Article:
Will Lindsay: “I’m reading this one right now. I’m not even all the way through it but I can’t believe I have never read it before. These two girls are orphaned and one of them, Justine, is a most pious, pure religious girl, and her sister, Juliette . . . Her sister Juliette just isn’t. We’ll say that. They go their separate ways and Juliette becomes a prostitute, steals when it is convenient to her, when it’s going to be of benefit to her. She lies and has a wonderful, prosperous life. She does really well for herself. Justine is pious and pure and just suffers one misfortune after the next. The premise of the book—and I’ve only gotten through the first section of it—I mean, the title just kinda sums it up, The Misfortune of Virtue. She falls into all these unfortunate situations where she’s raped, where people are trying to force her to commit murder. But in between all the violence in the story she is trying to argue with her assailants. At least for me and my interpretation of the book; the violence is really an aside, that it’s debating the merits of virtue and where virtue is going to get you. Part of De Sade’s whole thing was that virtue and piety was a weakness. He certainly had a low opinion of religion. I just recently read 120 Days of Sodom too. It was a great book but I am enjoying Justine even more. He wrote 120 Days of Sodom when he was locked up in the Bastille, and basically what little I know of him we are talking graphic sexuality, and I think he was probably writing something more to jerk off to while he was in prison. There is certainly more too it than just that, but . . . It’s interesting. He smuggled some of that out but he also hid some of it in the Bastille. It wasn’t discovered until after he died. He went to his grave thinking it was lost forever. He had to publish Justine anonymously, and even denied that he was the author.”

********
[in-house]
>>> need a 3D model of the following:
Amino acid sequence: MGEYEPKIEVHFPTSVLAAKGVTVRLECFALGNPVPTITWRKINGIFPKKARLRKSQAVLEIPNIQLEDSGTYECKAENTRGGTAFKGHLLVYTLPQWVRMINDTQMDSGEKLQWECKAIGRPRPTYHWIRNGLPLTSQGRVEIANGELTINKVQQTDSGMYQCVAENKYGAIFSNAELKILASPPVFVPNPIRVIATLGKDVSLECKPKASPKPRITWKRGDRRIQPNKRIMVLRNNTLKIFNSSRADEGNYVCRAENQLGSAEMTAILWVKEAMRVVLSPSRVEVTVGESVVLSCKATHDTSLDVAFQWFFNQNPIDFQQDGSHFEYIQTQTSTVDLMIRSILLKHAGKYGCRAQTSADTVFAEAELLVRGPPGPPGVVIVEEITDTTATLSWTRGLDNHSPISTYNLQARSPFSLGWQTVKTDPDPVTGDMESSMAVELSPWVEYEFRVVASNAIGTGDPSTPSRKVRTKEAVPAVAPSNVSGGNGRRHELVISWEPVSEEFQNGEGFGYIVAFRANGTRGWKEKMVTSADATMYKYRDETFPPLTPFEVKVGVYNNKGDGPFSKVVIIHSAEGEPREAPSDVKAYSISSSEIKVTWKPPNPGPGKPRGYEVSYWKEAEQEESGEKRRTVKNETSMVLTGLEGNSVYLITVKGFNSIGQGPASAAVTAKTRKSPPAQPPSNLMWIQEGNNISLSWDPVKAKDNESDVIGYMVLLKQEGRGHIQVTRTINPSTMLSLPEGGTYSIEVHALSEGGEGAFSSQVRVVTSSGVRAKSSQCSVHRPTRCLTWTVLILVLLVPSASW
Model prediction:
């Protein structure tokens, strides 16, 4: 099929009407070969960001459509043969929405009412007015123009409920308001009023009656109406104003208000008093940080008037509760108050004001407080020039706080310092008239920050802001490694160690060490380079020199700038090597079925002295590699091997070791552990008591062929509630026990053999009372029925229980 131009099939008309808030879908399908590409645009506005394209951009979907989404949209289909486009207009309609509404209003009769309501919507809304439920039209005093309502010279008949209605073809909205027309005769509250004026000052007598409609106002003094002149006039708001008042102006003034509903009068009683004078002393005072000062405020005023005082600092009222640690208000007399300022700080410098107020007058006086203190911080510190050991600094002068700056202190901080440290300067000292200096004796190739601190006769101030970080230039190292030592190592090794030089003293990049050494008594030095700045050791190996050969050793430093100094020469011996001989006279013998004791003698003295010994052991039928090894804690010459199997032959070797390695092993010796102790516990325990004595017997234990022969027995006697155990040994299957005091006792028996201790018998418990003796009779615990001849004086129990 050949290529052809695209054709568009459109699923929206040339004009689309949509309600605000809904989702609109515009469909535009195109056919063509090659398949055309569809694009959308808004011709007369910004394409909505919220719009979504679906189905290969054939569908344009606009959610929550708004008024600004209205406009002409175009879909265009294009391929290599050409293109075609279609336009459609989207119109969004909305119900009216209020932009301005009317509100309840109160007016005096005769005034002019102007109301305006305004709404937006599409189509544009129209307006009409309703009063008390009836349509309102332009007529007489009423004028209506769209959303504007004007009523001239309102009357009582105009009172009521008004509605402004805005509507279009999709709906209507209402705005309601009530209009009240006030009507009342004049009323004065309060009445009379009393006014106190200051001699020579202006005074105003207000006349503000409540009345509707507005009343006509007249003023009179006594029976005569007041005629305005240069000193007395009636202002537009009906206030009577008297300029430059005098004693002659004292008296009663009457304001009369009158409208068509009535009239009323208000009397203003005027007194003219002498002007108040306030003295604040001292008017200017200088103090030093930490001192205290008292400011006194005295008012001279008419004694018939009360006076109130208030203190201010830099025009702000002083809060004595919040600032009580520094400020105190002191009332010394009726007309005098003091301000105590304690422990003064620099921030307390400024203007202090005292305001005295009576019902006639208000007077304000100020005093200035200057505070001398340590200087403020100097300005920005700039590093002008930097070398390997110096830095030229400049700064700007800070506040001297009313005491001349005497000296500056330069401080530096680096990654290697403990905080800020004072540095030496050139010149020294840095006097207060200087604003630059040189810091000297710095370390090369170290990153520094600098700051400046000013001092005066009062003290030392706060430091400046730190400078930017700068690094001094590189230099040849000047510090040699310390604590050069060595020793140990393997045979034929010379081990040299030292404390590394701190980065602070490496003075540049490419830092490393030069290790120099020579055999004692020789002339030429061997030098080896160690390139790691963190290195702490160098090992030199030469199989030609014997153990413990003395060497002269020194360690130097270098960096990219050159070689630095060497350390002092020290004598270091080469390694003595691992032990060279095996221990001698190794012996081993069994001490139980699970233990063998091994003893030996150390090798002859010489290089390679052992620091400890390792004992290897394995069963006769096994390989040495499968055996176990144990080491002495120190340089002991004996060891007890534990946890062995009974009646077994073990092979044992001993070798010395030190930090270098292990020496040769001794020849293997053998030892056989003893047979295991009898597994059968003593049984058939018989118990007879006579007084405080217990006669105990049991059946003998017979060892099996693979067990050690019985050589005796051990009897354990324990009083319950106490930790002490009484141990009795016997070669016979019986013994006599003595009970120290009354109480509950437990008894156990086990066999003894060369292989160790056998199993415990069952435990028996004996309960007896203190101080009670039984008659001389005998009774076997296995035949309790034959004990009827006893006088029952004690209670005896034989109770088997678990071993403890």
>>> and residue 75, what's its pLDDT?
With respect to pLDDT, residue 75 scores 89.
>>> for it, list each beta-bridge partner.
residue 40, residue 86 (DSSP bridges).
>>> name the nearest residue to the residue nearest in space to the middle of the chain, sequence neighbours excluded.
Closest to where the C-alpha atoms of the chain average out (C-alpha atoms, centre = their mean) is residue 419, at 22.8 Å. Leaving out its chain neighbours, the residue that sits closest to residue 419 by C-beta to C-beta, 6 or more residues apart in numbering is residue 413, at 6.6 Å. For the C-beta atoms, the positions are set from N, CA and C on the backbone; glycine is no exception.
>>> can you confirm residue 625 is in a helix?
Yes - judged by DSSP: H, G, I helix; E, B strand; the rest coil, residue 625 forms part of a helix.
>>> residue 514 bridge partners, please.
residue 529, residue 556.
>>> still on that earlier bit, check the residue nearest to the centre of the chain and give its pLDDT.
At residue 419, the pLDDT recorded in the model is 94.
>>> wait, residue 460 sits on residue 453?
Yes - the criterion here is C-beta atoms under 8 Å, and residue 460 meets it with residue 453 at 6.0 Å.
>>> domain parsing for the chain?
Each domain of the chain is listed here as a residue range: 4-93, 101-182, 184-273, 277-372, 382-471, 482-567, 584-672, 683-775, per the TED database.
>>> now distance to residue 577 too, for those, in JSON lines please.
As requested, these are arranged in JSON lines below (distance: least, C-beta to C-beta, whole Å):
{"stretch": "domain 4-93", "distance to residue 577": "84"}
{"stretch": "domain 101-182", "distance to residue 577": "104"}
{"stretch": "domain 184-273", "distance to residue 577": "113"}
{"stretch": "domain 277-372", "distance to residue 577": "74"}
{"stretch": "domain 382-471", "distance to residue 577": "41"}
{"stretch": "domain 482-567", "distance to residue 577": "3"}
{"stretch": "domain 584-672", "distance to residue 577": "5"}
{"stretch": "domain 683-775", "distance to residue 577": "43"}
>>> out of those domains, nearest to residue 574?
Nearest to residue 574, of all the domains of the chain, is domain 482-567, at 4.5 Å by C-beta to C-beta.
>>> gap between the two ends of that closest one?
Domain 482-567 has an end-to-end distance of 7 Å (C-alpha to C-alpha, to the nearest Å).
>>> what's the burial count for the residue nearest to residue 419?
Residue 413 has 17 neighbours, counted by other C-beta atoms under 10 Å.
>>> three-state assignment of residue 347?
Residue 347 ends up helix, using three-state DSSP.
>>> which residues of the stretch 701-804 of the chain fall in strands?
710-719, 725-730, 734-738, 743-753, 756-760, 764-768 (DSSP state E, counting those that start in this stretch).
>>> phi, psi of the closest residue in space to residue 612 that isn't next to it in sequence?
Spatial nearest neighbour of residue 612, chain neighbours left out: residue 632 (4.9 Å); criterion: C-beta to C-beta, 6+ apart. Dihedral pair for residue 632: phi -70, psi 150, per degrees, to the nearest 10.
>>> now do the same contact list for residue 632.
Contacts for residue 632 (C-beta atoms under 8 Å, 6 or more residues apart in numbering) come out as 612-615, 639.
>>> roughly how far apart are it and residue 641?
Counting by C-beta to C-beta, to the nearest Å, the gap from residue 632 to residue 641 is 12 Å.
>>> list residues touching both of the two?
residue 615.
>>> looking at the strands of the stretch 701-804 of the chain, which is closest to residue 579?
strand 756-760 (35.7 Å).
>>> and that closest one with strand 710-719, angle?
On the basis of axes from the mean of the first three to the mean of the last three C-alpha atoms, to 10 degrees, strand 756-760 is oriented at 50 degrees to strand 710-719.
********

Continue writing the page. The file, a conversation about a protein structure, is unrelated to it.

James O. Long and Thomas E. Gaddis — Panzram: A Journal of Murder (2002)
Will Lindsay: “All five of these books, I’m not sure if they are the most influential books in my life but they were the first ones that came to mind, I guess, so clearly they must have had some sort of impact. I can’t remember the author’s name off the top of my head but it’s a book called Panzram. It is about an American serial killer who was born in the late 1800s, in Minnesota, and one of the things I found really amazing about the book was that Carl Panzram had no real friends, or anything like that. He didn’t make a friend until near the end of his life, and it was one of his prison guards. He wrote out his life story and gave all the sheets to this prison guard to smuggle out. This would have been in the late 1920s or early ‘30s. It was right around when the American Stock Market crashed. This book is interspersed with his own personal writings, and he goes all the way from his life up until the last jail sentence he did where he ended up being executed. He talks a little bit about his philosophy, and also has his letters that he sent to this guard, which are more or less the only letters that he sent aside from maybe working on subscriptions: when he got the death penalty, which he wanted, he discovered that there was an anti-death penalty group in America that was petitioning to have his sentence commuted to life in prison and he wrote just the most violent, brutal letter to them, protesting that they would not interfere and that he would get the sentence that he wanted. He wrote a letter to the President asking the same thing. He didn’t want any clemency. He was just incredibly violent, lacked any kind of morals.”